Photograph by Becky Harlan
Photograph by Becky Harlan
The Plate

Why This April Fools’ Kiwi Hybrid Is Bananas

In a video that went viral last week, a bearded, plaid-wearing man named Robert Mahar earnestly describes how to make a banana-kiwi hybrid (baniwi? kiwana?) by squishing together chunks of the two fruits, burying them in soil, watering them, and waiting. When this hybrid matures, he says in a voiceover, it grows into a fruit with the shape and skin of a banana and the bright-green flesh of a kiwi.

So is this subterranean, fruity embrace really how hybrids like pluots or tangelos are actually made?

No. It’s really, really not.

Mahar—who makes video tutorials for do-it-yourself crafts—originally posted his faux banana-kiwi hybridization lesson as part of a longer DIY container garden video on April 1, 2014. If the date he published the video on YouTube wasn’t enough of a clue, he wished viewers a happy April Fools’ Day at the end and suggested in its description that whoever managed to get this technique to work should go buy a lottery ticket.

But then earlier this month, a truncated banana-kiwi clip was posted by the Facebook group Foods Around (which Mahar says he has no affiliation with) and has since been viewed more than 69 million times. The truncated tutorial was convincing enough that Snopes had to debunk it, which Mahar says he was tickled to see.

“To have them take the time to write an article about something so, in my mind, clearly ridiculous, is incredibly amusing,” he says. He describes fighting hard to maintain his deadpan as the camera crew cracked up during filming.

But while it’s impossible to smush together two fruits to grow a hybrid, there is a seed of truth in this video, says Luca Comai, a plant geneticist at the University of California, Davis.

For one thing, the kiwis and bananas we eat are each hybrids themselves. Many of the bananas we find in the stores have three sets of chromosomes from two different ancestral species of banana. And the kiwifruit we eat are also polyploid, meaning they have more than two sets of chromosomes that probably accumulated during prehistoric times, when pollen from one species of kiwifruit was transferred to the female reproductive parts of another, resulting in an interspecies hybrid. In this case, cross-pollination happened by accident—but intentional cross-pollination is how horticulturalists develop hybrids like the plum-apricot combination called the pluot (or plumcot, depending on some complicated factors).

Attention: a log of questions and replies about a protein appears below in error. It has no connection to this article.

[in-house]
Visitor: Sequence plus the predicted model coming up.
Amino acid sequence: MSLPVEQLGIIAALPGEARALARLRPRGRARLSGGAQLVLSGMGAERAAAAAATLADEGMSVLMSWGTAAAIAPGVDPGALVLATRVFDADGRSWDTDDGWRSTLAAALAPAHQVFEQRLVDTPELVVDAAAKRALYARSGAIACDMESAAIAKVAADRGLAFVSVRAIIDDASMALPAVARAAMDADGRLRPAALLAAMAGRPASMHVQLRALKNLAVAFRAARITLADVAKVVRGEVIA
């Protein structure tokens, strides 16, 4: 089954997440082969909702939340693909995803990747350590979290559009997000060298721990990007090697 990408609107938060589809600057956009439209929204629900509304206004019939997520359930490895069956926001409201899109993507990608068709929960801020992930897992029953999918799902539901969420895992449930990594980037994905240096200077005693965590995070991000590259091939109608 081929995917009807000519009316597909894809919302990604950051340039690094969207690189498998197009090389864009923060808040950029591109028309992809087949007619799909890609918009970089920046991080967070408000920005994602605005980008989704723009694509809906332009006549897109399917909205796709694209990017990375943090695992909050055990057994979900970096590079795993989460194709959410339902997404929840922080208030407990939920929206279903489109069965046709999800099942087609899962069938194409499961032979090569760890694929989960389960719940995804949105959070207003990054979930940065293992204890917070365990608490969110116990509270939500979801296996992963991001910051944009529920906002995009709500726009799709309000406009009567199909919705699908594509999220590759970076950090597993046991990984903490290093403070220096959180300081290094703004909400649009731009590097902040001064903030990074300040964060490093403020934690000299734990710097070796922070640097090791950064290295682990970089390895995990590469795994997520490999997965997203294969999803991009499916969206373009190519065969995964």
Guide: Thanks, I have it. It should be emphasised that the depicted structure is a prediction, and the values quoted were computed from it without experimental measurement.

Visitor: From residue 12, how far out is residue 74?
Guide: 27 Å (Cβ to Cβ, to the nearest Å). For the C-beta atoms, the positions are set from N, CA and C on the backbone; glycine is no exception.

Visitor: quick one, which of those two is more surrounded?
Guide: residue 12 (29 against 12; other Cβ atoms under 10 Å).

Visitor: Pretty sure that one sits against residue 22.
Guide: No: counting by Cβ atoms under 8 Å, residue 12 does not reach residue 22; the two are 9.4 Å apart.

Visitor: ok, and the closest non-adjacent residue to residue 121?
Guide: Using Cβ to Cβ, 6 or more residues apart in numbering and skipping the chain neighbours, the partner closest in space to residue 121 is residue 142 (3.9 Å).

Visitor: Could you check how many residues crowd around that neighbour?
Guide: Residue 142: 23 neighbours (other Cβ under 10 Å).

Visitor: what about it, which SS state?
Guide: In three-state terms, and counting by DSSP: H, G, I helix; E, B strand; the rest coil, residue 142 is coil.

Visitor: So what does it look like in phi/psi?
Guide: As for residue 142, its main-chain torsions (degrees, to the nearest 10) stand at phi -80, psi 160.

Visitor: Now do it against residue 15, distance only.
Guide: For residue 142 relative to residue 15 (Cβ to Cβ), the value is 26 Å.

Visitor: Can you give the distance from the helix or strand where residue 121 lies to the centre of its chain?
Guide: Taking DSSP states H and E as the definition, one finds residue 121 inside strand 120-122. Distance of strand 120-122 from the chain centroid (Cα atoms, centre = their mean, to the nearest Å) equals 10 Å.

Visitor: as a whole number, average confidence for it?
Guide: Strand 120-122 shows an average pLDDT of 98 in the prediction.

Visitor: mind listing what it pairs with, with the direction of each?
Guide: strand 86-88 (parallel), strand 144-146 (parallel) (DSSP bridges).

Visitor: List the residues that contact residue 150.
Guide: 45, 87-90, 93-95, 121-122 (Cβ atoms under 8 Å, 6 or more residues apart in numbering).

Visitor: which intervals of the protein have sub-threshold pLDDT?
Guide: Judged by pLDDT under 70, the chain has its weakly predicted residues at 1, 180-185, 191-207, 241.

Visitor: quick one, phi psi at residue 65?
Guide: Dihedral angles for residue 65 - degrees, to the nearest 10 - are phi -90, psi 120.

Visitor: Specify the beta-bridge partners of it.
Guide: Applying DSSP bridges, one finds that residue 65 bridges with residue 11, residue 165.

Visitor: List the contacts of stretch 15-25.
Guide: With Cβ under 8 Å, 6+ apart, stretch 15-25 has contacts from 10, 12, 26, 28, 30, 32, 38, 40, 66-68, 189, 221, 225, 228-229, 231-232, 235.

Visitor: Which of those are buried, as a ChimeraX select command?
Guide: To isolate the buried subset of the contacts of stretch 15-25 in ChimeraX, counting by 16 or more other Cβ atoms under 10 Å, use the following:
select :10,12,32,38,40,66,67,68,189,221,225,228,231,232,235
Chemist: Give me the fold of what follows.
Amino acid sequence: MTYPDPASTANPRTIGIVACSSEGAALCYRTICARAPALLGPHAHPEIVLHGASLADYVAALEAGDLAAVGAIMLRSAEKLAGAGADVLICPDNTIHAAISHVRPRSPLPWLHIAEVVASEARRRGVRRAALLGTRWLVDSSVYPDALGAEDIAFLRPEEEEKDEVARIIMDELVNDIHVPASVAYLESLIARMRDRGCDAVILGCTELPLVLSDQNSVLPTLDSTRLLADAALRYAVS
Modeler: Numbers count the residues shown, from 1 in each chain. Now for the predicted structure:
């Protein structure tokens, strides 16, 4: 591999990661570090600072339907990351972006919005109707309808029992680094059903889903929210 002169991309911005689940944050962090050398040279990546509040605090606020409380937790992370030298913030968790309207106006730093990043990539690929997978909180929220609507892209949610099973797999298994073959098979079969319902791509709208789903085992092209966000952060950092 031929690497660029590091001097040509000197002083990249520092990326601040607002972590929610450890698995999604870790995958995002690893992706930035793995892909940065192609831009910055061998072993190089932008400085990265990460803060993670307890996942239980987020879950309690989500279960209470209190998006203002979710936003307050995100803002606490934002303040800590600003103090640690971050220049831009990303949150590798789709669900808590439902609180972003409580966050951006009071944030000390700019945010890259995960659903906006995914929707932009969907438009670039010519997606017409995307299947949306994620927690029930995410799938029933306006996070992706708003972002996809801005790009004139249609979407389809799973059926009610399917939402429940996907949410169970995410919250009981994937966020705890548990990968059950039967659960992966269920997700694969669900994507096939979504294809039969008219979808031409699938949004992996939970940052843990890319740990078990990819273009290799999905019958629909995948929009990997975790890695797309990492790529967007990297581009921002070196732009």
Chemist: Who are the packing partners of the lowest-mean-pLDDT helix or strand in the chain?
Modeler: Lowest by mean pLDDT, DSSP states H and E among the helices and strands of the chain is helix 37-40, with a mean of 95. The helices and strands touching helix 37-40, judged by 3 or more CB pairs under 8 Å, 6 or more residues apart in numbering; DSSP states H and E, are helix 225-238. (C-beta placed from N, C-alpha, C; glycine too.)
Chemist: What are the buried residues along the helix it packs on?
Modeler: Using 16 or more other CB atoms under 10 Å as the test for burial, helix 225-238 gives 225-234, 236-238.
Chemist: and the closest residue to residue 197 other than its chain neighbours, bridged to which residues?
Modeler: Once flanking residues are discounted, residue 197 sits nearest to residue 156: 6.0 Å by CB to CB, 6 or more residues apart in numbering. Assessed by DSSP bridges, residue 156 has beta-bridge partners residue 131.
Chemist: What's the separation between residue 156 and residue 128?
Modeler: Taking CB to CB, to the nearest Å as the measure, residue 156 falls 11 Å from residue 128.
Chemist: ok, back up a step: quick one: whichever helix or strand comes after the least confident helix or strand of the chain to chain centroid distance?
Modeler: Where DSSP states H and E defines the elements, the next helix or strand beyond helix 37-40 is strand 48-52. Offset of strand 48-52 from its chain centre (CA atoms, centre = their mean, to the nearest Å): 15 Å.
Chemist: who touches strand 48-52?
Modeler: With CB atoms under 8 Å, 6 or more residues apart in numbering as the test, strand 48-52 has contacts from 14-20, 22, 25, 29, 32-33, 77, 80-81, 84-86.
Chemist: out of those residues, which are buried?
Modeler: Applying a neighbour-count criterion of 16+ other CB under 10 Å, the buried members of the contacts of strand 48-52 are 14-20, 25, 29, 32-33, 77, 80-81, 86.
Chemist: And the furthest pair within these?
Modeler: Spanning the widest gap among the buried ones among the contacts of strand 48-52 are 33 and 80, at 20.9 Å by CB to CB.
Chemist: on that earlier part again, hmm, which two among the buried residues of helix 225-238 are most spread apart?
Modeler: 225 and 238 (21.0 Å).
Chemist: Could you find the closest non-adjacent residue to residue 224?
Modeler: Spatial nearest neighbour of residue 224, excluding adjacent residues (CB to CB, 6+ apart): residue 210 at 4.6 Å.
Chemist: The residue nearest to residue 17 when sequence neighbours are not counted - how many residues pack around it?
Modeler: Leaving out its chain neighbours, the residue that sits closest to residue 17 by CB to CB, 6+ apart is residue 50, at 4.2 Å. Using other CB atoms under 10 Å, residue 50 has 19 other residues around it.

The second thing that’s not totally crazy about this video is the idea of growing one plant out of another. Horticulturalists use a technique called grafting to splice together the stem from one species of plant to the rootstock of another. Comai says this is commonly done with fruit trees, noting that in Europe, many local species of grapes are grafted onto American grape rootstock that’s more tolerant to an aphid-like bug called phylloxera. Grafting is also sometimes used to control the size of trees in orchards.

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A field technician grafts multiple hybrid cultivars to a large avocado tree stump. After the successful grafts, the tree will yield avocados of multiple varieties over a long growing season.

(Check out this artist’s quest to graft 40 different species of fruit onto one tree.)

While grafting certainly can’t produce a baniwi, there is some evidence that this technique can generate hybridized cells at the interface between the two grafted plants. These cells can swap their nuclear genomes and mitochondria from one side of the graft to the other.

“It’s too bad that that banana with the beautiful green kiwi inside is not real, isn’t it?” Comai says. And he’s not certain it ever will be—kiwi and banana are just too different to hybridize. Until science manages to figure out how to make the two fruits one, though, there’s always a little sleight of hand combined with Mahar’s method: Cut a banana in half, scoop out some of its flesh, and smush some kiwi inside the bright yellow skin.

Voila, a baniwi.

Rachel Becker is a freelance science journalist whose work appears in National Geographic’s The Plate, Slate, Nature, Hakai, and others. Follow her on Twitter.